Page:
In the face of these pressures, Russia and China will have to work more closely together, but Moscow must also avoid any disproportionate future dependence on Beijing, ergo its Neo-NAM plans with New Delhi. China also doesn’t want to put all of its eggs in the Russian basket either, which explains why it’s independently pioneered other transregional connectivity corridors that don’t transit through that country’s territory such as the Middle Corridor with Turkey via Central Asia & the South Caucasus as well as the China-Pakistan Economic Corridor (CPEC) and even the China-Myanmar Economic Corridor (CMEC). China’s geo-economic engagement with those countries preempts any dependence on Russia.

The AAA cannot realistically sustain equal “containment” efforts against Russia and China irrespective of the success of their regional coalition plans. This means that observers should expect one or the other to be prioritized, though the primary target might change with time and circumstances. The one that’s not being prioritized at any given moment will therefore come under comparatively less pressure and be able to operate in a more confident and strategically independent manner in their respective region. As the focus shifts from one to the other, the newly pressured target will rely on their counterpart to play a more important pressure valve role. In this sense, Russia and China will continue to need each other.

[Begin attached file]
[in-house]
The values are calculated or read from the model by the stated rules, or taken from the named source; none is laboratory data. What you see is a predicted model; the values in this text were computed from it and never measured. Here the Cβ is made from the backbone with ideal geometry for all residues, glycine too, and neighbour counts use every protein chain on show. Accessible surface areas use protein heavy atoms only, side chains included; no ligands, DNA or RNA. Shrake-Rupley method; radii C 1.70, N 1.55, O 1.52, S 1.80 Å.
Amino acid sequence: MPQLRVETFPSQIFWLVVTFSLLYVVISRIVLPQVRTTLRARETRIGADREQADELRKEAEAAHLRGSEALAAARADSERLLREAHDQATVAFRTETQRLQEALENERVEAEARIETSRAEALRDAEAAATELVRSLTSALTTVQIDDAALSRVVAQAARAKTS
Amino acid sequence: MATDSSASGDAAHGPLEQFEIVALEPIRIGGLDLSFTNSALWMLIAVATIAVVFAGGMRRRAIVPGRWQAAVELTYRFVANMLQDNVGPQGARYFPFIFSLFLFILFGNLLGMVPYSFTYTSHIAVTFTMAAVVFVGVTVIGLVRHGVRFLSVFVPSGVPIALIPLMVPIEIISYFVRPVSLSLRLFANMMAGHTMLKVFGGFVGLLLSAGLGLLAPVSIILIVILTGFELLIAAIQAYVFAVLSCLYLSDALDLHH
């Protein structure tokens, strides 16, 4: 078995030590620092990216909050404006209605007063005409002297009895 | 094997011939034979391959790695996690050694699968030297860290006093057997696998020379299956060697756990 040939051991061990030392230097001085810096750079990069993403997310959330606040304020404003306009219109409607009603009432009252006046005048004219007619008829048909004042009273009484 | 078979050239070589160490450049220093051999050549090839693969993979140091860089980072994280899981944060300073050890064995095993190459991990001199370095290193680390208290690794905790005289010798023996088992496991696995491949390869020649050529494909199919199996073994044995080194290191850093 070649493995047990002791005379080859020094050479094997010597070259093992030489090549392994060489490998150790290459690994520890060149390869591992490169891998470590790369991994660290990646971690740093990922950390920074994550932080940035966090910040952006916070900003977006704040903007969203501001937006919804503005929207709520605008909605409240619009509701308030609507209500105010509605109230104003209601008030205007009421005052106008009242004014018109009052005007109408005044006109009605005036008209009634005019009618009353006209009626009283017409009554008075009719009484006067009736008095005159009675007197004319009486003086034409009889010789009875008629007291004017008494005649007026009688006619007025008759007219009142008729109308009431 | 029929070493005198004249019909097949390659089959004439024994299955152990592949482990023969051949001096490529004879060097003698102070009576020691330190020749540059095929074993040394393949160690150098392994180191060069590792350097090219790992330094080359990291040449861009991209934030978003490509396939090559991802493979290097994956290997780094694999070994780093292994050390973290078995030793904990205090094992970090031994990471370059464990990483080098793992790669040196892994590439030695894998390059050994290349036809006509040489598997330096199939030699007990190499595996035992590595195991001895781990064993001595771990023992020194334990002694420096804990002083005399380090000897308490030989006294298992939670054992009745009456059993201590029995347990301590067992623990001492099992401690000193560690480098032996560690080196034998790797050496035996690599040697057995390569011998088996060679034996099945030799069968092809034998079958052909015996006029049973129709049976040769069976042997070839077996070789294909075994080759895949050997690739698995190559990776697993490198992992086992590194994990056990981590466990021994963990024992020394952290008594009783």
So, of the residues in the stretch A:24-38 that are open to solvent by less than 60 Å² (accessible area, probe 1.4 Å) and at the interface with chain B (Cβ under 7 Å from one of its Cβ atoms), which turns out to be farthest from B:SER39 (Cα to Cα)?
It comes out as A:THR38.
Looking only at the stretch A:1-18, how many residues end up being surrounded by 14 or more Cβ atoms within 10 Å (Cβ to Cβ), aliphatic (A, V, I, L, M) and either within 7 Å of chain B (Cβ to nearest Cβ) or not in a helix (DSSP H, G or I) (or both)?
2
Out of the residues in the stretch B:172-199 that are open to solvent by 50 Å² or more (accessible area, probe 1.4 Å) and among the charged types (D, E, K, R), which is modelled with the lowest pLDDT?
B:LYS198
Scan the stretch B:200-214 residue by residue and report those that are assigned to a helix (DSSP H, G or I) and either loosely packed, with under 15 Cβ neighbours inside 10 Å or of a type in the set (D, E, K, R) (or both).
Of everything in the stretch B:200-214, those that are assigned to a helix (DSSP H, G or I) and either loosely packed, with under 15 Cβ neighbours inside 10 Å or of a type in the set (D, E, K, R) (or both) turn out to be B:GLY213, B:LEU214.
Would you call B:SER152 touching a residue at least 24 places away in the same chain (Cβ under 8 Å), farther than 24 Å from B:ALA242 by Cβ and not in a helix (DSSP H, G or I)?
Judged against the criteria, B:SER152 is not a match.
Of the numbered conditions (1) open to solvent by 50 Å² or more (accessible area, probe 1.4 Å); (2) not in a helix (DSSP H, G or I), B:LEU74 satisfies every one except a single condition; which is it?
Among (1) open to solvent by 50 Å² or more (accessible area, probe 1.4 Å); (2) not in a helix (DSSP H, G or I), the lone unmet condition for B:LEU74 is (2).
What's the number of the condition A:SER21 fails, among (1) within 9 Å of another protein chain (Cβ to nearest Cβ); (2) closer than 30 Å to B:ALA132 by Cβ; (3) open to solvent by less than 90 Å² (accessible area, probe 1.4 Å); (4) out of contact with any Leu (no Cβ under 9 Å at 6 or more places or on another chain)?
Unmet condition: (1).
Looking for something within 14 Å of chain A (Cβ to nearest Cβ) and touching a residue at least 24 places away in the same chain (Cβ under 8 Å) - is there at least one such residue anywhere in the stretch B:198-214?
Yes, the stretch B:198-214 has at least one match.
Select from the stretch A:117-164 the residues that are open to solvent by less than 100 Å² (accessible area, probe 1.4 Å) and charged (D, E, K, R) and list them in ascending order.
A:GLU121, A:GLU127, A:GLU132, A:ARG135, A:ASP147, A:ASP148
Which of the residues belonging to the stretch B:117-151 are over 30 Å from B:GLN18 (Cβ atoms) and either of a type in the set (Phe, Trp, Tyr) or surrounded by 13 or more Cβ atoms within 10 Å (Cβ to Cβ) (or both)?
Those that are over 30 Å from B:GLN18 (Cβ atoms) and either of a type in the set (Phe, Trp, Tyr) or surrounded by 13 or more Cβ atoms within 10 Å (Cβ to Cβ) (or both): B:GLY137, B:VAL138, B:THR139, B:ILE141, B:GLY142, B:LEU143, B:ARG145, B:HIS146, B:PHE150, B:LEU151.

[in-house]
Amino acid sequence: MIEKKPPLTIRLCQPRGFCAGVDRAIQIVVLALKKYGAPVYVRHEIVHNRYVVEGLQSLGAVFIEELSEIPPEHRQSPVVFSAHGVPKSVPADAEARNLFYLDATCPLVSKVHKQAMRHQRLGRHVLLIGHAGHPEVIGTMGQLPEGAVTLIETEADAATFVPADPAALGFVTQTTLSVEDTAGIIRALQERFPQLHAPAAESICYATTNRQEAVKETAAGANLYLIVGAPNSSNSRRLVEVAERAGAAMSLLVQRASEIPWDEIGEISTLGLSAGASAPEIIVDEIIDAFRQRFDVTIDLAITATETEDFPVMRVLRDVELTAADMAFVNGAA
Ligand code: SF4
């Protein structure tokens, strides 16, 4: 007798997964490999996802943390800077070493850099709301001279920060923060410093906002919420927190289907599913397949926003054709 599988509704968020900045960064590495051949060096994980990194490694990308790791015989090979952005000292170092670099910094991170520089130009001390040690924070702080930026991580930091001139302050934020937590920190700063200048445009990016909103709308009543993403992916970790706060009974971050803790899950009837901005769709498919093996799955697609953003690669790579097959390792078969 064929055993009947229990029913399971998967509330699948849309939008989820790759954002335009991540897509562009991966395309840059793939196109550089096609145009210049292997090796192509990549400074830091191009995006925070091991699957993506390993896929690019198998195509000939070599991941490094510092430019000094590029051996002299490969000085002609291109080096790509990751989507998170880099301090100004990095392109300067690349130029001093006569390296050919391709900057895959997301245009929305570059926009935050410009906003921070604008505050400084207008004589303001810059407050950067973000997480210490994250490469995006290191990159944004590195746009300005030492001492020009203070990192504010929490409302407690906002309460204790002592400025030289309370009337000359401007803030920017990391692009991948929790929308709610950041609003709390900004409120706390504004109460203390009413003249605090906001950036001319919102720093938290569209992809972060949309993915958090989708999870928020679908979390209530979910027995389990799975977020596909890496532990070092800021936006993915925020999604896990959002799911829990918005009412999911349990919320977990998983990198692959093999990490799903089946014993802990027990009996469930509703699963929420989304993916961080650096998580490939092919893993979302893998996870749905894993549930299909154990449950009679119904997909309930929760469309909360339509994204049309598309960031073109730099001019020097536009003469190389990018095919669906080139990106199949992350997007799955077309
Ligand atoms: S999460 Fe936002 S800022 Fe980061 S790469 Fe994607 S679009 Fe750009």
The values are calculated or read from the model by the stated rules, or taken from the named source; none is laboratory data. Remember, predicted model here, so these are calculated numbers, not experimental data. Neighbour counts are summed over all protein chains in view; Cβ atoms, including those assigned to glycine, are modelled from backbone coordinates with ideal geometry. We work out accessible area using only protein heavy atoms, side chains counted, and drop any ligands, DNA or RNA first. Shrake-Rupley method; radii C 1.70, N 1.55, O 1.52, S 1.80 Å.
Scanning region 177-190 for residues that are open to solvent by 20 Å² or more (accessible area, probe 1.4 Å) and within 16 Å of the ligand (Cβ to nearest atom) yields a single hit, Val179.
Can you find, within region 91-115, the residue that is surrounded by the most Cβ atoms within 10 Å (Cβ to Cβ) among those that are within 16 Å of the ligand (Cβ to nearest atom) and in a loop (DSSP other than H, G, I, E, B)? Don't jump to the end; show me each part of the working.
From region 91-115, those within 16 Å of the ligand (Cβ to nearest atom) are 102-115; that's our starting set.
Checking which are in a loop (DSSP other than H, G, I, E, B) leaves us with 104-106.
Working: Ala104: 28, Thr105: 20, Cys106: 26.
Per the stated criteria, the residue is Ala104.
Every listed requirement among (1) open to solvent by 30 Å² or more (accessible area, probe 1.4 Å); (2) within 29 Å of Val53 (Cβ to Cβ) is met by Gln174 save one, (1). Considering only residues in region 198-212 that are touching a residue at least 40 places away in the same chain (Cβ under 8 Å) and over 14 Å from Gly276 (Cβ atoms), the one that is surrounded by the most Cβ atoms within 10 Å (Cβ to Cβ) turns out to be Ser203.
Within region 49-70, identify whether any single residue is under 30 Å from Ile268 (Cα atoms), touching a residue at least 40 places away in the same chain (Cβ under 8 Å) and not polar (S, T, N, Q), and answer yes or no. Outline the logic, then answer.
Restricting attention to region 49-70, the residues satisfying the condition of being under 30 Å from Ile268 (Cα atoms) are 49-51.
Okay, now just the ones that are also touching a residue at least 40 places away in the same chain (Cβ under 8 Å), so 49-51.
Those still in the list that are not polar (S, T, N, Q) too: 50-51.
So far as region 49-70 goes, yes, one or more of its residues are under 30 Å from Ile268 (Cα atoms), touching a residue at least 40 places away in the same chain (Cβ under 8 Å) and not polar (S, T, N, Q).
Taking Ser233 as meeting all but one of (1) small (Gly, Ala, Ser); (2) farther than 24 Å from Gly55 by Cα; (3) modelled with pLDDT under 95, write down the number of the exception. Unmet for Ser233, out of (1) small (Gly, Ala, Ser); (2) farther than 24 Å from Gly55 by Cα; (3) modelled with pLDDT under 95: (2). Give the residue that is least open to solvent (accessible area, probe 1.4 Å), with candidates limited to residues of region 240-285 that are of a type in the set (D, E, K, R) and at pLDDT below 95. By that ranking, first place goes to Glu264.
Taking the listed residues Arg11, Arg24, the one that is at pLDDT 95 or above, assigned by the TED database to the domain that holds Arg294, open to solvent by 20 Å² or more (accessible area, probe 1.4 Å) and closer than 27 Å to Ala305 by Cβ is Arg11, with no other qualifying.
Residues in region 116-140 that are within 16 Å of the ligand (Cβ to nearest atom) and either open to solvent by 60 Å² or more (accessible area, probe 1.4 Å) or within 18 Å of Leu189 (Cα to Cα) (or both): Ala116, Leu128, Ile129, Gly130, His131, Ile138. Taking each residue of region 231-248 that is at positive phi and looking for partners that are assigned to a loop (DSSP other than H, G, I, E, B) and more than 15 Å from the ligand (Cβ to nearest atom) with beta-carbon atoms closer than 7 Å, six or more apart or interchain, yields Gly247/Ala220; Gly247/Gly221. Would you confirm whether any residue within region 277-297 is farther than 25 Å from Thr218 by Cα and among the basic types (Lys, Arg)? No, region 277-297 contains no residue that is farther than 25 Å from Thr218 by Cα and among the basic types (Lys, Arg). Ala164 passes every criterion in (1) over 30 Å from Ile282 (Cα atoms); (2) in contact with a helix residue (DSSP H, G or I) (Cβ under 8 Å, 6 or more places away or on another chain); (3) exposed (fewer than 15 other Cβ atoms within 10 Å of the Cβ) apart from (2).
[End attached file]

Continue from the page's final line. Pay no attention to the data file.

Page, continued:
The ongoing New Cold War is primarily between the American and Chinese superpowers but is also increasingly resulting in their top British and Russian strategic partners respectively playing more prominent roles. India is expected to remain a global pivot state whose multi-alignment in one direction or another will greatly influence the dynamics of this global competition. Turkey and the GCC’s role (mostly the Emirati and Saudi ones in that context) will also an important part too, with Poland’s remaining influential as well but nowhere near the scale as those others’ since it’s expected to retain some degree of tension with Russia for the foreseeable future even if a military deal is agreed to.

Considering all of this, the AAA can be described as the principal antagonist in the New Cold War since it’s becoming impossible to discuss the American grand strategy in Eurasia without also talking about the supplementary role of its top British strategic partner. Relations between China and Russia are comparatively more equal but both are still trying to balance the other in friendly, gentle, and non-hostile ways via Beijing’s alternative transregional connectivity corridors and Moscow’s Neo-NAM with New Delhi. This increasingly complex version of multipolarity that’s evolving in the midst of the largely bi-multipolar world order is making International Relations more interesting than it’s been in decades.


By Andrew Korybko
Source: OneWorld